Urban badgers flourishing in Bedminster
DAVID CLENSY meets the Bristol wildlife photographer who has been discovering the secret world of Bedminster's badgers.
YOU imagine them to be living in the countryside – deep in the woods, just like in Wind In The Willows. But to find badgers flourishing in an urban landscape like Bedminster surprised even wildlife photographer Ian Wade.
The 36-year-old, from Cotham, has spent much of the last decade stalking out wildlife in muddy ditches across the city – from a lengthy project studying the daily lives of the city's foxes, through to the less cunning, but no less beautiful, urban bluebells.
If anyone understands the wealth of wildlife living in our urban environment it's Ian – he literally wrote the book on the city's wildlife (Bristol Safari, 2011).
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"I was driving through Bedminster, along the busy A38," says Ian, from Cotham. "And there at the side of the road I spotted a badger, he was happily sitting on the grass verge scratching his belly in broad daylight.
"The next day I went back and parked up, got myself down a little embankment, and there, just a few yards away from the road, I discovered an enormous badger sett – it was clearly well-established; some of these setts can be anything up to 200 years old."
It became clear what Ian's next photographic project would be.
"They are tricky creatures to photograph, partly because they are very wary of humans – if they smell you, they'll disappear straight back into the set. Also they're nocturnal. To get a decent daytime picture, you have a very short window of opportunity in the early evening."
Ian spent 10 evenings earlier this year, huddled in the undergrowth waiting for the badgers to come out. On four of the evenings they did appear – and the results are spectacular.
Ian's candid pictures reveal the playful creatures enjoying an idyllic woodland existence just yards from the busy main road.
"The real trick is to make sure you have placed yourself near the exit that the badgers are using," Ian explains.
"These badger setts often have multiple exits. But you can look for telltale signs – such as spoil heaps, piles of earth that have been recently excavated by the badgers, and also look for flies hovering around the hole – the flies can smell the badger better than we can.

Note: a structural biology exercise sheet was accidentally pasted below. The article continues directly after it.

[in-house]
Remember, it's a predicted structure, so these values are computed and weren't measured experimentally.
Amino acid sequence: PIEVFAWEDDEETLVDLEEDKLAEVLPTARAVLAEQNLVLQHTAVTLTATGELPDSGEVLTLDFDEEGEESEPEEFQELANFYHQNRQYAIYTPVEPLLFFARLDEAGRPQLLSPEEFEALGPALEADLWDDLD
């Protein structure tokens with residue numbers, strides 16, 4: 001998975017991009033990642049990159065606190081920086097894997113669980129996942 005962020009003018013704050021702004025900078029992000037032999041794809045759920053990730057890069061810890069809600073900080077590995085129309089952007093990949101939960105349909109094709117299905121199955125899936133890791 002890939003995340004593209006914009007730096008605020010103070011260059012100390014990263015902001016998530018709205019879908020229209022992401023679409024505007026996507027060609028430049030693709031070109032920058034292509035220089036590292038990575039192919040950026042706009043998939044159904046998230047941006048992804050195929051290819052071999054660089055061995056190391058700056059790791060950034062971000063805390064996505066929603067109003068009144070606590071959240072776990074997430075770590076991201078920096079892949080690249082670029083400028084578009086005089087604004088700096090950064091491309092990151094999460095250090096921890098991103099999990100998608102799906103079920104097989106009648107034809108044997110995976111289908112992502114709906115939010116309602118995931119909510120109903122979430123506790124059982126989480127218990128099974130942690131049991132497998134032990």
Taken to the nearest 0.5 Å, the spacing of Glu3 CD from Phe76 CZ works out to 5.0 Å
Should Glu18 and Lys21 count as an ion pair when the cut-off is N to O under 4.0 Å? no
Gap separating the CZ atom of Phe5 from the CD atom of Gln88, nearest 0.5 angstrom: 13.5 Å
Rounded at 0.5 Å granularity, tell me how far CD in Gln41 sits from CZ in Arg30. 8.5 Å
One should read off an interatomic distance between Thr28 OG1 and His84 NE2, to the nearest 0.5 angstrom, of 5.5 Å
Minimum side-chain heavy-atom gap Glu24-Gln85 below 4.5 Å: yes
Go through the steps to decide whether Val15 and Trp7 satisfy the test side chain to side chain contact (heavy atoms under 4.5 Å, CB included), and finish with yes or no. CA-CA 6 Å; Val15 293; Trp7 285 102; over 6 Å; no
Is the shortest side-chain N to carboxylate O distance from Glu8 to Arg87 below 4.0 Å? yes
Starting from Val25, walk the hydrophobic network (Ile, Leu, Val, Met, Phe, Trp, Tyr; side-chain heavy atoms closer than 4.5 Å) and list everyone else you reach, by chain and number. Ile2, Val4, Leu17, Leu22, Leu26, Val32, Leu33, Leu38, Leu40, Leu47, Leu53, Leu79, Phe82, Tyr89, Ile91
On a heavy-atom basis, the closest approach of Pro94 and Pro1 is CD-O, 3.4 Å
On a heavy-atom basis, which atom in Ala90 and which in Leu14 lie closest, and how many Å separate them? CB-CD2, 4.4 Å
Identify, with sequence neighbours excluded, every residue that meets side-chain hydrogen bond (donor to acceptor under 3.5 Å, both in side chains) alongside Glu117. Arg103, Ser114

"I was lucky because there were a number of young badger cubs in the group, so that encouraged them to leave the sett earlier in the day than perhaps they normally would – just so the cubs could enjoy some time playing in the daylight.
"With this kind of project you can wait for hours, days even, before you catch a glimpse of the animals, and then they come out and you just have to take as many pictures as you can in the time you're given.
"That's when you get the real adrenalin rush, and then you have the reward of getting home and looking through the 50 or 60 new pictures of badgers you have on your camera."
Not all subjects are so elusive. Ian has recently been shortlisted for the Wildlife Photographer of the Year competition, for a series of compositions of bluebells.
"When you're working with plants, you have to set it up as if you're composing a painting – you can't just do what everyone else does, a carpet of bluebells for example.
"So I spent a long time framing my bluebell pictures with all kinds of strange objects, and making sure that the background was just as interesting as the foreground. You have to go that extra mile."
Ian funds his passion for wildlife photography by photographing weddings each weekend.
"I enjoy wedding photography too, but it's infinitely more difficult than wildlife photography. There's a fine line to tread as a wedding photographer between setting up good pictures and being bossy with people – as Saturday afternoon slips into Saturday evening, and guests start to have one or two drinks, it gets ever more challenging. But that's just part of the job.
"It can make laying in the mud waiting for badgers to come out of their set, really quite straightforward."
For more information about Ian's work, visit his website at www.ian wadephotography.co.uk